When dealing with the avoider, the reaction is often underwhelming because although they don’t present as though they’re personalizing what you say, they’re blowing you off because they need to disown any responsibility for your concern.

It’s an underhanded and unconscious method of personalizing, but it’s so inaccessible that you often can’t deal with it directly.

Let them know they’re stonewalling you and that it’s not okay.

You can also set boundaries with the narcissist who’s likely to deal with a perceived threat with revenge, a counterattack, or angry denial.

You don’t need to accept abusive behavior, and you might eventually get a better response by refusing to participate.

You might even bring the person around because they can’t stand the feeling of loss, either of you or their self-esteem.

Basic Guidelines to Follow

  • Use “I” messages which we’ve already established
  • Describe behaviors only
  • Don’t label, diagnose, or negatively characterize the person
  • Avoid getting baited into a battle of wills or exchange of personal attacks
  • Make your boundaries clear regardless of receptivity on the other person’s part

You always want to engage in the most successful interchange possible, leaving both parties feeling good about the conversation. However, that’s not always possible. Both people need to want that.

Your role is to ensure your behavior is above reproach and that you’re sensitive to the other person without being dragged down into conduct you disapprove of. That’s not always easy, and it’s better to opt out than get pulled in.

What about you?

It’s also good to know when you personalize and for what reasons. We all have triggers, and when you know what yours are, you can be more aware of when you distort perceptions, especially when it comes to perceived criticism. I think that’s hard for most people.

An excellent personal goal is to get good at hearing constructive criticism without overreacting, and using it to improve yourself.

That’s an accomplishment!

That’s all for today.

Hope you have a great week!

All my best,


Blog Short #156: 8 Ways to Challenge Helplessness

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One of the most challenging emotions to deal with is helplessness. By definition, it removes your sense of control. You feel like you’re floating in limbo and trapped in repetitive ruminations. It’s exhausting and emotionally debilitating.

There’s usually not a quick solution to relieving helplessness, but there are things you can do to upend it, or at least put a chink in it and get yourself moving again. Here are eight things to try.

1. Do a thorough assessment.

As best you can, identify what’s causing you to feel helpless.

Sometimes, this is easy because the cause is specific and concrete, like working on a document on your computer, and your screen freezes before you can save it. You feel helpless because you don’t know what to do. In a situation like this, you can Google the problem, get some direction, and take steps to relieve your helplessness.

Less specifically, you might feel stuck in a never-ending pattern of having too much on your plate, and you’re worn out, emotionally spent, can’t sleep even though you’re exhausted, and you see no way out.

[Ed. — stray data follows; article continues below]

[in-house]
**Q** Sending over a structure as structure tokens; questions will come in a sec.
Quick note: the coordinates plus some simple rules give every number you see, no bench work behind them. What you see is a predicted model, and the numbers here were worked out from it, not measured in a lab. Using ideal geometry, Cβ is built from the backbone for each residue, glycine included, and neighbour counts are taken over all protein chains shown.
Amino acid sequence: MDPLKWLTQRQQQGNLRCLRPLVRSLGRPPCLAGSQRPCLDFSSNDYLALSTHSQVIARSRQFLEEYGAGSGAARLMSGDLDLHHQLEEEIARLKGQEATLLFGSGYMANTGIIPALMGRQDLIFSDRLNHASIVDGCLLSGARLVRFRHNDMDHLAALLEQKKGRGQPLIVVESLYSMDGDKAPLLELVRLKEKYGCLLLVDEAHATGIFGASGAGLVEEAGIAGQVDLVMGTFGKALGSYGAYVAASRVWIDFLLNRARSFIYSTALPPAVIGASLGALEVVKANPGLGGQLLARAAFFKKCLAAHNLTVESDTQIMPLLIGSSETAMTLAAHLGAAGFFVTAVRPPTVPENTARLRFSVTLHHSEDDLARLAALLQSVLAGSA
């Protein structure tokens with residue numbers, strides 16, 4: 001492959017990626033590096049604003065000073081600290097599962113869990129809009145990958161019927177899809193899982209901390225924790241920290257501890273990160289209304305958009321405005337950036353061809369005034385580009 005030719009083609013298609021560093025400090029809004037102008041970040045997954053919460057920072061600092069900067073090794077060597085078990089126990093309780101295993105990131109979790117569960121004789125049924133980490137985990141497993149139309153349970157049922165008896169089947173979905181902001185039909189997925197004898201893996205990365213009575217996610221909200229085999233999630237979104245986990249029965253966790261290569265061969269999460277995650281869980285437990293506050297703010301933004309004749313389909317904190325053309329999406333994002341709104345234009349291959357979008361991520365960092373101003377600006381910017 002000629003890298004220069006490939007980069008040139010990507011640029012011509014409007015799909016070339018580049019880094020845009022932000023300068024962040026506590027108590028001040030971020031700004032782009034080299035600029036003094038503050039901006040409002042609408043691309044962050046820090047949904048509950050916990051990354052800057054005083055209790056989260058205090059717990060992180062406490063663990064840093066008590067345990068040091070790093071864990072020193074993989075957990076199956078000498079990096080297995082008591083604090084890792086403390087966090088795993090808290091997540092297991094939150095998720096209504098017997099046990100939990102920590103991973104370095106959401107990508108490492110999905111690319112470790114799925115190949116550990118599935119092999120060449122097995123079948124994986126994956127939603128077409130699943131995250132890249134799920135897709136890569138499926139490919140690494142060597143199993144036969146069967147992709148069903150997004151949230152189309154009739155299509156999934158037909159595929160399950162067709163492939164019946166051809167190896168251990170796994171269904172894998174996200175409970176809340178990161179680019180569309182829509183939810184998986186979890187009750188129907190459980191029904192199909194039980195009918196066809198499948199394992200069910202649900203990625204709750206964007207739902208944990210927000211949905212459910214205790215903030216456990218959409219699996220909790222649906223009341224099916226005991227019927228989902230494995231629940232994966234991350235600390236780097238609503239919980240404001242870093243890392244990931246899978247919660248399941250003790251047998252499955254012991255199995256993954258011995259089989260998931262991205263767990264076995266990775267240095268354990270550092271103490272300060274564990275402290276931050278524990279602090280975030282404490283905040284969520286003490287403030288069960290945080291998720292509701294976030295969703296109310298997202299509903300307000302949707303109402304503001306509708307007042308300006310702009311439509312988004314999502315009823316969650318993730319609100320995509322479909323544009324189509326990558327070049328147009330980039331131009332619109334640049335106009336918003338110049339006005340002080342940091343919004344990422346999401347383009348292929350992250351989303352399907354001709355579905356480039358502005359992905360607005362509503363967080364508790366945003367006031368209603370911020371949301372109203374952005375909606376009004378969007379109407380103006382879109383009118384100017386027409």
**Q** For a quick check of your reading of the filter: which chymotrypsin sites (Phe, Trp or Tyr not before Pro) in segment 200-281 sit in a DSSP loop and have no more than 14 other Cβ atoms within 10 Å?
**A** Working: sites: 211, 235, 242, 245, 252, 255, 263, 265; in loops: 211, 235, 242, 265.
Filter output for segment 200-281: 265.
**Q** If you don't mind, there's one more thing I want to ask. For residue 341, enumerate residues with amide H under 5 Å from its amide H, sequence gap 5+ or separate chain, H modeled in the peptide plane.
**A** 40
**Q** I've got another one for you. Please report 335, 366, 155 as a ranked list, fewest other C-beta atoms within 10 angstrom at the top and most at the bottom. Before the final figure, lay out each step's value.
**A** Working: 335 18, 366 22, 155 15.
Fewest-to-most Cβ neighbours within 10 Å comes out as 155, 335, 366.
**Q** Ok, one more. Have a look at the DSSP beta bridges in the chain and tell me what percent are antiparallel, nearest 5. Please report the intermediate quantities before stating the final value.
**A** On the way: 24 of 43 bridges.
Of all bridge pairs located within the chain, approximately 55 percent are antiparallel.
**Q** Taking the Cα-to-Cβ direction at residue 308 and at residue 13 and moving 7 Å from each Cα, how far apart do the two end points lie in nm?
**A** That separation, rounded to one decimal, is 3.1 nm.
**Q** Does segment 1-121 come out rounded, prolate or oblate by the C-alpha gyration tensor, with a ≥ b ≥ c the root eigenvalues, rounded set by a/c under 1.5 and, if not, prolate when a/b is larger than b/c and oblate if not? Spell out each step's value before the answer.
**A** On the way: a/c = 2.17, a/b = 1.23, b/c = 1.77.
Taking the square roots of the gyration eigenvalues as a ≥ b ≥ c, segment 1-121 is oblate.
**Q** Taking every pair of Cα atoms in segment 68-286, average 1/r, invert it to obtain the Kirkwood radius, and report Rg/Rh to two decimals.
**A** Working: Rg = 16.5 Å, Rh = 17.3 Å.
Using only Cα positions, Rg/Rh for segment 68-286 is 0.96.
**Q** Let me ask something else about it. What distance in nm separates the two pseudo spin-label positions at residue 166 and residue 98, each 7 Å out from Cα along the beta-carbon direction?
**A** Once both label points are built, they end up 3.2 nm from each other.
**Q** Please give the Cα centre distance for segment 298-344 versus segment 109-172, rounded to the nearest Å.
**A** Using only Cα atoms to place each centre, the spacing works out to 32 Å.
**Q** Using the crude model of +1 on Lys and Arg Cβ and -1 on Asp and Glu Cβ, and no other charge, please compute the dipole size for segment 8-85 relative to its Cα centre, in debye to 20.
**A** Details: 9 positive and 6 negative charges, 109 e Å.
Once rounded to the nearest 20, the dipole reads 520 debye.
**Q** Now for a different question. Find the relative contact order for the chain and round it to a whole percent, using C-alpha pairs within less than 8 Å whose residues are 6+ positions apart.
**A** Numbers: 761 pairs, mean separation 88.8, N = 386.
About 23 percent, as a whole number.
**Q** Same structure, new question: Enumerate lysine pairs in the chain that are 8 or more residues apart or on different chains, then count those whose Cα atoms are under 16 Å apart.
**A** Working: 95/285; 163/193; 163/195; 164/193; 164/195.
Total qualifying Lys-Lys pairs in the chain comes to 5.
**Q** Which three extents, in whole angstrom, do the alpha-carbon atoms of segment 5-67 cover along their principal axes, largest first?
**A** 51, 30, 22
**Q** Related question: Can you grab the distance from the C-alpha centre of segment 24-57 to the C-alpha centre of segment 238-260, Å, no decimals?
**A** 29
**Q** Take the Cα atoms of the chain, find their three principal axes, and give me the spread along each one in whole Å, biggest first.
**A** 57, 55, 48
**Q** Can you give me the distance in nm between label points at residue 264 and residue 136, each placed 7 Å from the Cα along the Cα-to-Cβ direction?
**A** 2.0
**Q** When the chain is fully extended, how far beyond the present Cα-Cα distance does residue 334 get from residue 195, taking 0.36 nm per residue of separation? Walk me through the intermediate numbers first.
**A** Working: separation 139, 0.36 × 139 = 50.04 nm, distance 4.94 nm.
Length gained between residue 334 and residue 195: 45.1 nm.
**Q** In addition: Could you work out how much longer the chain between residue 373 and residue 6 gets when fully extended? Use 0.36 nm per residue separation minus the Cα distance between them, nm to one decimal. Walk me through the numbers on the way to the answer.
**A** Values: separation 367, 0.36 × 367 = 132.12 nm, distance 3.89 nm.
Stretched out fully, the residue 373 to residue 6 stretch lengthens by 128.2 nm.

A situation like this isn’t so easily tackled or fixed because you don’t see steps you can take to change it.

An even more challenging situation is being stuck in a horrible job or an abusive relationship and feeling helpless to get out because you’re afraid of the consequences. Maybe you need the income and don’t think you have the skills for a better job. Or you’re afraid of leaving your abusive partner because you’ll have to share custody of the kids, and you don’t want that.

These are complex situations with multiple factors to consider that leave you in a perpetual state of spiraling.

Start with a thorough assessment of what’s feeding your helpless feelings. Write it down. All of it, and get clear on the problem (or problems). List everything you can think of that pertains to the situation.

2. Focus on what you can do.

Ask yourself what actions you can take to begin unraveling the situation. Often, helplessness looms because you see the solution as a single option. More likely, there are many small directions you can start with that won’t solve the whole problem but will give you a sense of control and momentum.

For example, you could consider learning a new skill if you don’t like your current job. It could be small in scale but achievable in a short amount of time. That wouldn’t change your job situation, but it would open a door in your mind to begin moving outward. After learning that skill, learn another. Then, you could look at jobs and see how your new skills might apply.

Start with any small action that changes the current state of things, even if it doesn’t solve your immediate problem. When you do that, you’re moving again, and doors eventually open. Possibilities come to light.

3. Get help.

There are three ways to approach this:

  1. Talk over your situation with someone you trust who can help you sort through and brainstorm options.
  2. Seek professional help that pertains to your problem.
  3. Actively gather information on your own that can help you resolve the issue.

Any of these will stimulate action and help you break up your paralysis.

4. Challenge your thoughts and patterns.

You can exacerbate helplessness with repetitive thoughts of powerlessness. Sometimes, you tell yourself you have no power when, in fact, you do. Either the hill seems too hard to climb, or you’ve become accustomed to living in a state of unhappiness and feeling stuck, or you’ve caved to someone else’s definition of how things should be.